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Boston has the best beer, but does it have the best trademarks?

Posted by Chad O'Connor  November 27, 2012 11:00 AM

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It may be a no brainer for any Bostonian that the best beer in the country originates in Boston. Now Dunkin’ Donuts is laying claim to the best coffee. Last month, Dunkin’ Donuts filed a trademark application for the mark BEST COFFEE IN AMERICA. In an article that ran in the Boston Globe on October 4, 2012, several commentators expressed skepticism that this application would be successful, largely because the phrase is laudatory and not something that consumers would think was connected to a single source.

As it happens, the trademark case almost directly on point involves an application filed by another Boston heavy, Boston Beer Company, in 1993 for THE BEST BEER IN AMERICA. The Trademark Office refused to register this mark to the makers of Samuel Adams because it found the mark merely descriptive of and laudatory for the goods at issue. The Boston Beer Company appealed this decision, but the appellate court rather severely stated that the mark was “so highly laudatory and descriptive of the qualities of its product that the slogan does not and could not function as a trademark to distinguish Boston Beer’s goods and serve as an indication of origin.” (emphasis added). This decision means that Dunkin’ Donuts is fighting an uphill battle in its attempt to register BEST COFFEE IN AMERICA.

But Dunkin’ Donuts has adopted an interesting strategy with respect to this trademark application. To understand the strategy, a little background is necessary.

First, the core purpose of a trademark is consumer protection. A trademark tells consumers that a certain product originates from a certain source. Trademarks enable consumers to recognize and distinguish between goods quickly and efficiently.

With this in mind, merely descriptive and laudatory terms typically do not function as source identifiers because the consuming public perceives these marks as describing the goods at issue rather than indicating the source of the goods. If the Trademark Office allowed one company to register THE BEST BEER IN AMERICA, other beer companies would arguably be at a disadvantage if they could not use THE BEST BEER IN AMERICA to describe their own beers. But merely descriptive terms may sometimes eventually qualify for trademark protection on the Principal Register.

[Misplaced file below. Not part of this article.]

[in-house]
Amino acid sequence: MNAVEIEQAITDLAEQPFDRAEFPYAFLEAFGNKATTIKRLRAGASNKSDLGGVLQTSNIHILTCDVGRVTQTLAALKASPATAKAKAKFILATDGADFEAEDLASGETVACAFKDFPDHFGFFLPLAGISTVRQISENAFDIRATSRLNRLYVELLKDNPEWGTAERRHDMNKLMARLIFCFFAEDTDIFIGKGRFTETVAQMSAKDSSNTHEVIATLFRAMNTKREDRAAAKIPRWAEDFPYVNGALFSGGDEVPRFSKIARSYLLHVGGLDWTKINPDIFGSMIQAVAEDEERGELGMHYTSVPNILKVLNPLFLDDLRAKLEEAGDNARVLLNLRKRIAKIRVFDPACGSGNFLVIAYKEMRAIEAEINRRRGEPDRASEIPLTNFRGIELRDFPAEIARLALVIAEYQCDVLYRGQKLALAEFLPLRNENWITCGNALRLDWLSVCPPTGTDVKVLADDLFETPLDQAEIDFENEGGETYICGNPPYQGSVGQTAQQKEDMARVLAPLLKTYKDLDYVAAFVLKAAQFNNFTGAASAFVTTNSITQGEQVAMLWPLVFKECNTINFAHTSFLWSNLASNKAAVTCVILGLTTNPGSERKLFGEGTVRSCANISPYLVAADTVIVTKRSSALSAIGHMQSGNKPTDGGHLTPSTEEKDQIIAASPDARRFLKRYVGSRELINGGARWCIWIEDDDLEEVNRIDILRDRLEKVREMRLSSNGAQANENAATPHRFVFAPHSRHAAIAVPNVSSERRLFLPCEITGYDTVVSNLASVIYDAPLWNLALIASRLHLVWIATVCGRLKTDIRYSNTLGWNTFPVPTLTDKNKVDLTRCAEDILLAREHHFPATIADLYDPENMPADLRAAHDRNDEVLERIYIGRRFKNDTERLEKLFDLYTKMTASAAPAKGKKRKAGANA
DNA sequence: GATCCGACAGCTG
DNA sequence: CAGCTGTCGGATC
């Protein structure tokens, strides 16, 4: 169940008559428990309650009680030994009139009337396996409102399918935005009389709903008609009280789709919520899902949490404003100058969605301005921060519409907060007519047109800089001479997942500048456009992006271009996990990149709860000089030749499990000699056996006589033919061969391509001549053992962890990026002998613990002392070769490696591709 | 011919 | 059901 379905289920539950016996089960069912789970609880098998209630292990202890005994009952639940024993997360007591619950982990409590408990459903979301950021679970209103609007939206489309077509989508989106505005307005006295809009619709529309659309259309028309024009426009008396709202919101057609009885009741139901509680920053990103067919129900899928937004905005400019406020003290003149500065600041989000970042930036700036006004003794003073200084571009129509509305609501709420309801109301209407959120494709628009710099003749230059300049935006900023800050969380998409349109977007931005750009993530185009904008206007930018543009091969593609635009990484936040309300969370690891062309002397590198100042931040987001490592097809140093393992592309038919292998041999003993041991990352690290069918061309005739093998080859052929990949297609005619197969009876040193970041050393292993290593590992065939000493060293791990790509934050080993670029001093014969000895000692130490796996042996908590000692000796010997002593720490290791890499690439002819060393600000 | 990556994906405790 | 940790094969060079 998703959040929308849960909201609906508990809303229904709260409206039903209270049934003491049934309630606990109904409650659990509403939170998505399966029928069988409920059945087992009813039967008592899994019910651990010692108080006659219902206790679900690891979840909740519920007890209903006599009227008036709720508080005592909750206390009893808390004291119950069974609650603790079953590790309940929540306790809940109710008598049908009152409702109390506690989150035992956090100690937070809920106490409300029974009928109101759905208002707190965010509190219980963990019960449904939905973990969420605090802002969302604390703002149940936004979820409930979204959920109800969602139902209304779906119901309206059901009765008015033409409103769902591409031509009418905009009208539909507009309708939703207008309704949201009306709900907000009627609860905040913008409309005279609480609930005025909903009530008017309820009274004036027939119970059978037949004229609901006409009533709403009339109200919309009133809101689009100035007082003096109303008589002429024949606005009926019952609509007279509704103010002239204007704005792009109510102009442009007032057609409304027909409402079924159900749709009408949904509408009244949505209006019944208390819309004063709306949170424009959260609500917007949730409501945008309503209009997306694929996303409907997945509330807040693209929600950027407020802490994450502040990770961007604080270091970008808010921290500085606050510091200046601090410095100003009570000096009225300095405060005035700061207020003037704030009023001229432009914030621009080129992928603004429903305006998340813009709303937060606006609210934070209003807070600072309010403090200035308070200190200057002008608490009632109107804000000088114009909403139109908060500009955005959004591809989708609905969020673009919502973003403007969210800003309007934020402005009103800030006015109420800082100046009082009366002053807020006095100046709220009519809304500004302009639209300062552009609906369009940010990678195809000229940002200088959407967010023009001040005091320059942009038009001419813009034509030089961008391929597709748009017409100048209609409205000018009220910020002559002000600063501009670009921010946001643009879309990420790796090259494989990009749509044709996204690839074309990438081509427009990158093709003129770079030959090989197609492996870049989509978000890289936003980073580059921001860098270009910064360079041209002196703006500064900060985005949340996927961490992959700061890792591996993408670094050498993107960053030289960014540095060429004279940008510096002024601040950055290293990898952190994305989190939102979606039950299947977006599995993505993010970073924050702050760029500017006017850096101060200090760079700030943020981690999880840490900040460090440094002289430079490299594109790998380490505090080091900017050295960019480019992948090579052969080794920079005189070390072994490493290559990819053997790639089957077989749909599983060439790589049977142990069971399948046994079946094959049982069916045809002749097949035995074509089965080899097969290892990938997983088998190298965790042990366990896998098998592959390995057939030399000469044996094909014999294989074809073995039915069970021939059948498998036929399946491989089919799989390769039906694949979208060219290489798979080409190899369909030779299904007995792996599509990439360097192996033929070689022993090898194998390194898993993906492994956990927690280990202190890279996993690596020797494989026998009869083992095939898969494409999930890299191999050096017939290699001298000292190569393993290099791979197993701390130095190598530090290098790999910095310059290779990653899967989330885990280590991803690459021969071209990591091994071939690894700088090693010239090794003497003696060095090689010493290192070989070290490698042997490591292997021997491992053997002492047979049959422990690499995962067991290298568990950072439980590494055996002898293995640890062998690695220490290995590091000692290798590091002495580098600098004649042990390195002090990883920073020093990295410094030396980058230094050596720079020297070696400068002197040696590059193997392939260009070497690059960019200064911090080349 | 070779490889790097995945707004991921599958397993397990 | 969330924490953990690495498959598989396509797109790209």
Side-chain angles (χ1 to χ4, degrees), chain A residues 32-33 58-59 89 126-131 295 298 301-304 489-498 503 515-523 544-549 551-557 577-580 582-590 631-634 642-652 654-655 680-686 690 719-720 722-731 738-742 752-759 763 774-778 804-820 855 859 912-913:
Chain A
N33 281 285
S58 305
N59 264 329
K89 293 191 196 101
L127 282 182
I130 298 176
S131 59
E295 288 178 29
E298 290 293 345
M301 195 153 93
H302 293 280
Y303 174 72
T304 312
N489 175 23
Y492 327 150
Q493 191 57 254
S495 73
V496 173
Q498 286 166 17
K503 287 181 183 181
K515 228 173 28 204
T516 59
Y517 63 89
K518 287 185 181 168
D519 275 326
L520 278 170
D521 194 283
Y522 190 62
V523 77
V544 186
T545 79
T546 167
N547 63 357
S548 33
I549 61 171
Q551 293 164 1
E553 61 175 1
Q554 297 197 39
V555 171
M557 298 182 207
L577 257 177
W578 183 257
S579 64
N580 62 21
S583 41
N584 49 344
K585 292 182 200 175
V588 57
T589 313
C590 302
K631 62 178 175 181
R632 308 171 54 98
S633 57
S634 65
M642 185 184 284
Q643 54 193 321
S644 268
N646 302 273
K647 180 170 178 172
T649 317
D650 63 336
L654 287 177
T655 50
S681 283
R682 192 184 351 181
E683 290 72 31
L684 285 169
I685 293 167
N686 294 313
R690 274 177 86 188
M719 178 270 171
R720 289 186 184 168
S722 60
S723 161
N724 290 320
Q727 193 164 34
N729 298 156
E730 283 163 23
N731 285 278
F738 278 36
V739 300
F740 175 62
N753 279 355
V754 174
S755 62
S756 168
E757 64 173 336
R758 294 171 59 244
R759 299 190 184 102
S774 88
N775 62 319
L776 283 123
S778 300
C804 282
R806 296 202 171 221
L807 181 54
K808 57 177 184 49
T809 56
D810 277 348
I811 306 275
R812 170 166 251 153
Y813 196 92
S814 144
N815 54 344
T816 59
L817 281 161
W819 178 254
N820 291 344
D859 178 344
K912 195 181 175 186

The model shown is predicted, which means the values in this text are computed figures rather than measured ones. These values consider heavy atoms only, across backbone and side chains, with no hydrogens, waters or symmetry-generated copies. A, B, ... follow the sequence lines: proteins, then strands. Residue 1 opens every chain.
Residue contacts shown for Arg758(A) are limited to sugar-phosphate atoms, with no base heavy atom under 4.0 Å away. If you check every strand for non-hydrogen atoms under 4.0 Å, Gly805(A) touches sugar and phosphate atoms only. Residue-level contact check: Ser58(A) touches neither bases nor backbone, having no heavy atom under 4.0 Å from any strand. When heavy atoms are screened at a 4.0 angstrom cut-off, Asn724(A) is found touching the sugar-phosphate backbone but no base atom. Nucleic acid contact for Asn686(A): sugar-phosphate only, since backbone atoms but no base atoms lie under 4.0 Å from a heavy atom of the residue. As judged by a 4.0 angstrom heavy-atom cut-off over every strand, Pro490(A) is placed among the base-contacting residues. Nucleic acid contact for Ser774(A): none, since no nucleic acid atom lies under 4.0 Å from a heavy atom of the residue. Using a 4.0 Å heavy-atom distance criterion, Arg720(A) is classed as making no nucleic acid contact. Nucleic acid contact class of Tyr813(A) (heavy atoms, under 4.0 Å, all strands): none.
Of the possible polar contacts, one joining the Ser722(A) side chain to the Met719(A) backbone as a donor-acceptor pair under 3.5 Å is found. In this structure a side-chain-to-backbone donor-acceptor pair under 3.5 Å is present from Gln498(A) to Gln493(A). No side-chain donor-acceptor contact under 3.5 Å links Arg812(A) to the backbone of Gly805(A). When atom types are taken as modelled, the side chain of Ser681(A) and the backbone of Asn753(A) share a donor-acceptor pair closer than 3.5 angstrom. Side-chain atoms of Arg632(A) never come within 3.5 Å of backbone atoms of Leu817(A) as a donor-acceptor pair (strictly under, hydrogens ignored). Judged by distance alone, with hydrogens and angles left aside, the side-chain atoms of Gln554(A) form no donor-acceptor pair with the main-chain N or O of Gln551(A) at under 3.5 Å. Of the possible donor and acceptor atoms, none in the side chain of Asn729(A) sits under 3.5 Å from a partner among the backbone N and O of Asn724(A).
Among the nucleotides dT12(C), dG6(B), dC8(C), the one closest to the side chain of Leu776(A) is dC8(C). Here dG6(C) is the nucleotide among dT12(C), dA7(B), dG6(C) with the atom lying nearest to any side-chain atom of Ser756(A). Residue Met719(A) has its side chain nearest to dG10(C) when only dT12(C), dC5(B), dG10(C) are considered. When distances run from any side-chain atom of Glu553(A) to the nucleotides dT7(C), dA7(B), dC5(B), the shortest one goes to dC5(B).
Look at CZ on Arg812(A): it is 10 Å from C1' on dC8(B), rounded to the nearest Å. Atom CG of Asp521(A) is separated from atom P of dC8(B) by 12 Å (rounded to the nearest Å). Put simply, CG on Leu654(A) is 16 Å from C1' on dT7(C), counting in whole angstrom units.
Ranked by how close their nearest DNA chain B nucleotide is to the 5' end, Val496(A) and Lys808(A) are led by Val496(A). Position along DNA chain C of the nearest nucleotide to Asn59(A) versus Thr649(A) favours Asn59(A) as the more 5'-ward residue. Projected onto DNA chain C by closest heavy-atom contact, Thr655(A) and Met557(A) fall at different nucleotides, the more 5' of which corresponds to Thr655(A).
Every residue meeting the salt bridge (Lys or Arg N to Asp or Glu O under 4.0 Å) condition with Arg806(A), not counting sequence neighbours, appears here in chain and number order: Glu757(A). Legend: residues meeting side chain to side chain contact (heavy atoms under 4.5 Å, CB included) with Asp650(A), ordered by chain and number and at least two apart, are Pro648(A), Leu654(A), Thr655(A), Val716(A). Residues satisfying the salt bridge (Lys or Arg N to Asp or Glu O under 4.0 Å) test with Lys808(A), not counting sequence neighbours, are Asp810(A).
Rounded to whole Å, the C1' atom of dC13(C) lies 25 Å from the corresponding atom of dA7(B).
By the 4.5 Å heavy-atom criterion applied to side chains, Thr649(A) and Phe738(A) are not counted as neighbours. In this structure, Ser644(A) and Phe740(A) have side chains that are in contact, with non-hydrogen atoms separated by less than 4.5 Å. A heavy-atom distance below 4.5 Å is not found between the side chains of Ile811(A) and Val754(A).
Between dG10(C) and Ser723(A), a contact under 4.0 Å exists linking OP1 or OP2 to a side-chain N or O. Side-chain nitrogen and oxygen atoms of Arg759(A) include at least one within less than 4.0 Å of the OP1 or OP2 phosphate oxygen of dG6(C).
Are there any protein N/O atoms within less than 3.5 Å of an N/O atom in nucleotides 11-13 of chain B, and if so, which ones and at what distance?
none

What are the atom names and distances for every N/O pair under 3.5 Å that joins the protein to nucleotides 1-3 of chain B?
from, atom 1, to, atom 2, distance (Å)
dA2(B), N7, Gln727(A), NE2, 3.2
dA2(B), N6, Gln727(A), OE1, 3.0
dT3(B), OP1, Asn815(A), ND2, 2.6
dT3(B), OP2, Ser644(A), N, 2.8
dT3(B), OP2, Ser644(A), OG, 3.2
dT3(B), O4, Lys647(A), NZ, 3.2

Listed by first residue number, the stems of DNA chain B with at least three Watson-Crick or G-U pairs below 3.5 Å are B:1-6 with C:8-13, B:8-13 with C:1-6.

Trademarks may be registered on the Principal or the Supplemental Registers. While a registration on the Principal Register confers greater rights on the trademark owner, the Supplemental Register confers some rights and often serves as a sort of purgatory for marks that the Trademark Office found too descriptive for the Principal Register but still capable of serving as a source-identifier. The idea is that if a company continuously used THE BEST BEER IN AMERICA in such a way that consumers began to associate the slogan solely with that company, the mark could eventually be registered on the Principal Register.

Some marks, however, are so descriptive of the goods at issue, that they are deemed generic and cannot be registered even on the Supplemental Register. For example, you likely could not obtain a registration for DINER for a diner because that is the generic name of such an establishment.

The problem that The Boston Beer Company ran into with its trademark application was the court’s harsh ruling, which stated that the proposed mark could not function as a source identifier, much like DINER could not serve as a source identifier for a diner. With that language, the court effectively banished the mark from even the Supplemental Register.

Dunkin’ Donuts apparently learned from this experience and, rather than appeal the refusal of an application for BEST COFFEE IN AMERICA back in 2005, amended its application to the Supplemental Register and allowed its mark to sit in trademark purgatory until now. Presumably, this Supplemental Registration will be used to support its current application for BEST COFFEE IN AMERICA on the Principal Register, although it remains to be seen whether this strategy will be successful.

What This Battle for BEST Means For You
While your marketing people may favor trademarks that indicate to consumers what your company’s goods or services are, such trademarks are usually weak and are often rejected by the Trademark Office as seen above. Much stronger marks are arbitrary with respect to the goods or services at issue or, even better, coined by the company. APPLE for computers is a great example of an arbitrary mark, and POLAROID, which originated in Boston, is an example of a coined trademark. If, however, you are determined to obtain a registration for a term or phrase that may describe your goods or services in some way, or that serves as a laudatory phrase, it may be best to accept a registration on the Supplemental Register and use the mark as much as possible for five years, at which point you stand a much better chance of obtaining a registration on the Principal Register.

Anderson J. Duff is an intellectual property attorney at Wolf Greenfield.

This blog is not written or edited by or the Boston Globe.
The author is solely responsible for the content.

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